I was putting up our Halloween decorations the other day when two girls—ten and twelve— who live across the street, came over to watch.
"Are you excited to go trick or treating," I asked.
Their faces tensed up. Then they shook their heads.
"We don't trick or treat."
Sensing my shock, they tried to back-pedal a bit. "Well, we do sort of. We go to the mall. The stores hand out candy. It's safer."
Oh. The "S" word.
Mind you, we live in a nice neighborhood in the suburbs of Los Angeles. But each year it seems, fewer kids trick or treat; and more and more nutty, "safe" alternatives to knocking on people's doors and asking for candy are dreamed up by the fear mongers. This year, I've seen churches, schools, malls, shopping centers and parking lots advertise their versions of 'trick or treating.'
Instead of heading out with your friends into the dark streets armed only with an empty bag , you can wander around a fluorescent-lit mall, walk into a store and be handed a single piece of stale candy by a corporate automaton wearing a name badge. Or, you can head to a church or school parking lot where a bunch of parents have parked their cars and filled their trunks with candy. This watered down version of trick or treating actually has a name—'trunk a treat.' Sounds like true horror to me.
Why are people so afraid to allow their kids this rite of passage that we took for granted? How can we deny them something we look back on fondly? Is the world much more dangerous than it was when we roamed the streets back in the sixties or seventies or eighties?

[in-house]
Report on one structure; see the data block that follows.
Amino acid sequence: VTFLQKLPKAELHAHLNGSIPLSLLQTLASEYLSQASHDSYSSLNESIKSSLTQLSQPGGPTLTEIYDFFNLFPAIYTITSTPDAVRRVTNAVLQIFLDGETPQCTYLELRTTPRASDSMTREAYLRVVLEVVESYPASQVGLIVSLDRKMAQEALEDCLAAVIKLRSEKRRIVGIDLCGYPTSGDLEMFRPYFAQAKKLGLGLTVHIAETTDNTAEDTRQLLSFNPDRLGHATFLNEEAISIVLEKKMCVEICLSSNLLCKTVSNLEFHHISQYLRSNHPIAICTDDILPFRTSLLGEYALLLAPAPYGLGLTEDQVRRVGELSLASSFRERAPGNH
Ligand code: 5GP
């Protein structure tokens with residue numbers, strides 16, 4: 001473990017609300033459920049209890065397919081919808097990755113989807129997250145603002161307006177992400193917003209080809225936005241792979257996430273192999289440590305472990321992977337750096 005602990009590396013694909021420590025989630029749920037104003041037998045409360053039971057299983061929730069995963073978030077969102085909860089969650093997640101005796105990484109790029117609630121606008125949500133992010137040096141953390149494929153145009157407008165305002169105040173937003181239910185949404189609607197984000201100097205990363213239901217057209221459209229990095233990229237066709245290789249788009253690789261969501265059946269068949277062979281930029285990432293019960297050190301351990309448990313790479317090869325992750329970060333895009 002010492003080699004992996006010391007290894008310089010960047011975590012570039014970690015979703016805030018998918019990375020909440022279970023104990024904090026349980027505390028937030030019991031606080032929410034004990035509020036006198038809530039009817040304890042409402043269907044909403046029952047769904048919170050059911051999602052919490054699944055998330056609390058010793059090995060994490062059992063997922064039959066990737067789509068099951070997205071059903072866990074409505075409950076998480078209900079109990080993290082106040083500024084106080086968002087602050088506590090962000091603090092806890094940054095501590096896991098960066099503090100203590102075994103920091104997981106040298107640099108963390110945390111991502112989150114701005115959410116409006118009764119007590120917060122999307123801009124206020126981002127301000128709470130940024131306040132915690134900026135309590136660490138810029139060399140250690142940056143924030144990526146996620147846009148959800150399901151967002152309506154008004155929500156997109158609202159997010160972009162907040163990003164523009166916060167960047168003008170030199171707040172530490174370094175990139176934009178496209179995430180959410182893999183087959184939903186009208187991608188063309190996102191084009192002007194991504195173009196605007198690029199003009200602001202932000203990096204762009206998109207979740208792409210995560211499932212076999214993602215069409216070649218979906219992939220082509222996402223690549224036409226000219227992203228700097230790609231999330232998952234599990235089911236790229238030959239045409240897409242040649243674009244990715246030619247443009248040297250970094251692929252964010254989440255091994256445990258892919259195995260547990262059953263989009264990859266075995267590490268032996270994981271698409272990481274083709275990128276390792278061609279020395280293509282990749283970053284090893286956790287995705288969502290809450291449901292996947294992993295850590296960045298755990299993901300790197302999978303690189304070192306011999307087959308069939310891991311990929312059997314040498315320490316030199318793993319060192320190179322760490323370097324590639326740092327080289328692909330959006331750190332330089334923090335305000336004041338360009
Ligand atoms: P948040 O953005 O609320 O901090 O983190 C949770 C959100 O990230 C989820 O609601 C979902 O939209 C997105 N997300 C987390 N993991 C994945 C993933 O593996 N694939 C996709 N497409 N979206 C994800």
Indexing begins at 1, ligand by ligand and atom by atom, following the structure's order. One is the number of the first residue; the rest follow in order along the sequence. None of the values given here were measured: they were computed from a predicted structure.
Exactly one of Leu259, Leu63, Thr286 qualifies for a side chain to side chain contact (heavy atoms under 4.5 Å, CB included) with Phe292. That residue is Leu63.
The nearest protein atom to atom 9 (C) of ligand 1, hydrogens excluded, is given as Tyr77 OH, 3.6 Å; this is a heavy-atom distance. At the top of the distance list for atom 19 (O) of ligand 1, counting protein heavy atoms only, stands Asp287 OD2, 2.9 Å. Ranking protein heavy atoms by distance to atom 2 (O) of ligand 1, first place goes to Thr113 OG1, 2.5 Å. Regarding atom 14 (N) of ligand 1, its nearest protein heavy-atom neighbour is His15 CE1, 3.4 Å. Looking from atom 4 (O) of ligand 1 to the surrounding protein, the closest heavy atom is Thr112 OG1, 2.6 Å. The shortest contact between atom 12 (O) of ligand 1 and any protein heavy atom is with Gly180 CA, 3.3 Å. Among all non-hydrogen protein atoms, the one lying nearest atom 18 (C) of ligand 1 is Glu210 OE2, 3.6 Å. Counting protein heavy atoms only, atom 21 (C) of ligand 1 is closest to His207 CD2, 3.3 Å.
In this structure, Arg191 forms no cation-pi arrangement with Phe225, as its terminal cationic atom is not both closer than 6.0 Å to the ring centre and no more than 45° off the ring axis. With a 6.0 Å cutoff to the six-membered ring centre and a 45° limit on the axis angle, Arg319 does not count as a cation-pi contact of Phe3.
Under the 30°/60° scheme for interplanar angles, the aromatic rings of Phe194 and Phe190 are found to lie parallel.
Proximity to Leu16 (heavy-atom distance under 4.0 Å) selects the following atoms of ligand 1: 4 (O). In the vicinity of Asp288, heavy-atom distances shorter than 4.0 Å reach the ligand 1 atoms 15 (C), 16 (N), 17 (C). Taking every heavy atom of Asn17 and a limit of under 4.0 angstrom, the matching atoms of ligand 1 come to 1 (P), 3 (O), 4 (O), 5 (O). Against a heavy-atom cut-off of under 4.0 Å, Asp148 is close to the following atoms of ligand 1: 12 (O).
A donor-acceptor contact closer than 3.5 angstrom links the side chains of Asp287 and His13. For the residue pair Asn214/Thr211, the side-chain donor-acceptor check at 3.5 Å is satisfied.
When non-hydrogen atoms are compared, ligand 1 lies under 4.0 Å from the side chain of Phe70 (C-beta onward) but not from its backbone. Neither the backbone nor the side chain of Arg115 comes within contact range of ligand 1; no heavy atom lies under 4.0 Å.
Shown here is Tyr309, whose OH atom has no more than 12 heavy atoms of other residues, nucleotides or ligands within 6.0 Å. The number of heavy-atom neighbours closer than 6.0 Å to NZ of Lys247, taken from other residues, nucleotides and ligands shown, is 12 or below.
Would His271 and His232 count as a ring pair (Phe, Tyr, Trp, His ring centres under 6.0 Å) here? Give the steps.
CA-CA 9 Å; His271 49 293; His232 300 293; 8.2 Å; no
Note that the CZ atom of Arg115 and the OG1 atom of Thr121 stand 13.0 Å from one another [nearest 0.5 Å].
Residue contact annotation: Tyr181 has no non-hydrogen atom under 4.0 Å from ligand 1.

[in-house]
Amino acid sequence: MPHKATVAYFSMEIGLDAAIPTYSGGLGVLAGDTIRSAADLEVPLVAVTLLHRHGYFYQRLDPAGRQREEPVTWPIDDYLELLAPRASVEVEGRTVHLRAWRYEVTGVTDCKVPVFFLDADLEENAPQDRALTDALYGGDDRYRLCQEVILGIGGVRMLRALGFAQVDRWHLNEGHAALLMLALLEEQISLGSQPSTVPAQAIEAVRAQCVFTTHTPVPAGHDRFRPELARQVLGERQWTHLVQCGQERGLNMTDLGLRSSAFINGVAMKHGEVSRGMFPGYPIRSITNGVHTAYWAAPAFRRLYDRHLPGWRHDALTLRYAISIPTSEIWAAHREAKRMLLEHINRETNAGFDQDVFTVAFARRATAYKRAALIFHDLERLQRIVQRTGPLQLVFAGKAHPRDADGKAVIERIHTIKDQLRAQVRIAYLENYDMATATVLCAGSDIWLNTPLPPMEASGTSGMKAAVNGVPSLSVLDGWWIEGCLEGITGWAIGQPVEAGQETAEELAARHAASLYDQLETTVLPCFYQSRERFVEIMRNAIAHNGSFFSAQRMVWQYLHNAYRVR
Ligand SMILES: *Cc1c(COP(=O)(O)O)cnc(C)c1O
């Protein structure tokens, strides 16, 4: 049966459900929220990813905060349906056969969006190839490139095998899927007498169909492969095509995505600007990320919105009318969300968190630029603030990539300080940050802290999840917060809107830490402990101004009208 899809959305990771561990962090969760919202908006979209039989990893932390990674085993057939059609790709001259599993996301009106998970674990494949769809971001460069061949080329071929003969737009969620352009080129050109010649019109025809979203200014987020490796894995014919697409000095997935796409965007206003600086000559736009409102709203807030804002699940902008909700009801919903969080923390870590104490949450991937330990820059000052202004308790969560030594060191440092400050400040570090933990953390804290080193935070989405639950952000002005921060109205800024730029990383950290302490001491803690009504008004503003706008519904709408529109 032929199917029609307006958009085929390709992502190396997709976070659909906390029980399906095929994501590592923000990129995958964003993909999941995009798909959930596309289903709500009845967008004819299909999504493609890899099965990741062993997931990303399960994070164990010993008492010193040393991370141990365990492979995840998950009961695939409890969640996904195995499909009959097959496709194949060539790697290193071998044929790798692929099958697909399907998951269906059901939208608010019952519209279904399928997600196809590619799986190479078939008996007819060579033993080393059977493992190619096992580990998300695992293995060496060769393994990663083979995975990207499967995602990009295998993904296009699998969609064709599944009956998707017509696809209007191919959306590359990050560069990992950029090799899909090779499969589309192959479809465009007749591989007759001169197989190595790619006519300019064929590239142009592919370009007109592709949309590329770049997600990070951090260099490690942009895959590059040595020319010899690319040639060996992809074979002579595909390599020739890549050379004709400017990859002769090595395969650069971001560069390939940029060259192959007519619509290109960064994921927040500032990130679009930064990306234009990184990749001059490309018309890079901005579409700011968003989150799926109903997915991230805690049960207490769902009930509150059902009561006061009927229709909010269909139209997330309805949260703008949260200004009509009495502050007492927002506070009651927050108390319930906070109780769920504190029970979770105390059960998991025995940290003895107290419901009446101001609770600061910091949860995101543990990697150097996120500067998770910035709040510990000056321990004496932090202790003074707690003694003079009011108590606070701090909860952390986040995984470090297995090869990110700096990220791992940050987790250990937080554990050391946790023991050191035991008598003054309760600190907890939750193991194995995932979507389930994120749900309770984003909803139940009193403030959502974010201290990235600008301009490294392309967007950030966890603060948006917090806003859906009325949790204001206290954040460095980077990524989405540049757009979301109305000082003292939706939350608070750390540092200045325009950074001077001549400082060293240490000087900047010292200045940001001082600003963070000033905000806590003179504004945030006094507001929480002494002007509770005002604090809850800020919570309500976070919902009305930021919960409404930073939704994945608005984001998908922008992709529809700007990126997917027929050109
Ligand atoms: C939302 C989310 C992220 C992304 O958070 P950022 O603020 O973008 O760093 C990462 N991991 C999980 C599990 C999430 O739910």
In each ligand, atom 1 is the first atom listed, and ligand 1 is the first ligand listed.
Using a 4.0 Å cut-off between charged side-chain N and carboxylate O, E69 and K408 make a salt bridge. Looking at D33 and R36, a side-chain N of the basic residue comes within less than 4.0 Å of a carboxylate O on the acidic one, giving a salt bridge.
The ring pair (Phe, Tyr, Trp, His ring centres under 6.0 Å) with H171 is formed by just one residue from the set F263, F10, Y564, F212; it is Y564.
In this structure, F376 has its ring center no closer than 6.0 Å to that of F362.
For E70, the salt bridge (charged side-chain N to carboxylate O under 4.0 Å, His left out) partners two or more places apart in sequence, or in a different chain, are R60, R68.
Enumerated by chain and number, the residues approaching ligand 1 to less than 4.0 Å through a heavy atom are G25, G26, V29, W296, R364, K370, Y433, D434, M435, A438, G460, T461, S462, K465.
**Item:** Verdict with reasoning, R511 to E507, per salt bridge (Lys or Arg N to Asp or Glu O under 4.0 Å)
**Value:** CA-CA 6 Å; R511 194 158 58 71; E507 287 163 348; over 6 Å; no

Most people seem to think so. Some will rattle off statistics. Every day, it seems, there's another story about another kid murdered or abducted or attacked. It wasn't always that way, was it? The world was so much safer when we were kids, we say as if it is a fact. But is it true?
No. When we were children the world was just as dangerous. We didn't know about all the horrible things that were going on because our news was local. We only knew what happened in the neighborhoods around us. And it was safe nearby—just like many neighborhoods are now. We didn't have cable news or the Internet telling us about horrific crimes in other neighborhoods far away. Because we didn't know about it, it didn't happen. But it always happened. Somewhere.
We all know the story of the Pied Piper of Hamelin by the Brothers Grimm. In this story, a piper lured the children from a small German village with his magical pipe. Like many fairy tales, this one is rooted in truth. Some theories are that the piper was a man who came into town and stole children away from their families. The children were either murdered or disappeared forever. No one knows for certain. But one thing that is certain—even in the 13thcentury, sometimes children disappeared.
Some people say that one day trick or treating will become obsolete. I hope that doesn't happen. It is an American tradition.
We all want to protect our kids, and we should. But hasn't the safety-first crowd crossed the line of insanity? Kids are in far less danger trick or treating than they would be say — doing athletics at Penn State... or attending dozens of public and private schools in Los Angeles and around the nation where allegedly vetted and screened teachers, priests and rabbis turn out to be monsters and molesters.
I want my kids to have the thrill of donning a nutty costume, dodging plastic skeletons and straw witches to ring that doorbell and see what lurks on the other side. Which is invariably some generous soul dropping fistfuls of candy into their sacks, just for the fun of watching their beautiful faces light up.
There have always been pedophiles and creeps and human monsters. There always will be. No amount of legislation, cops, security cameras or anything else is going to keep everyone safe from everything. Life does not contain risk, life IS risk.
Stop trying to impose your inane and unfounded paranoia on the rest of us.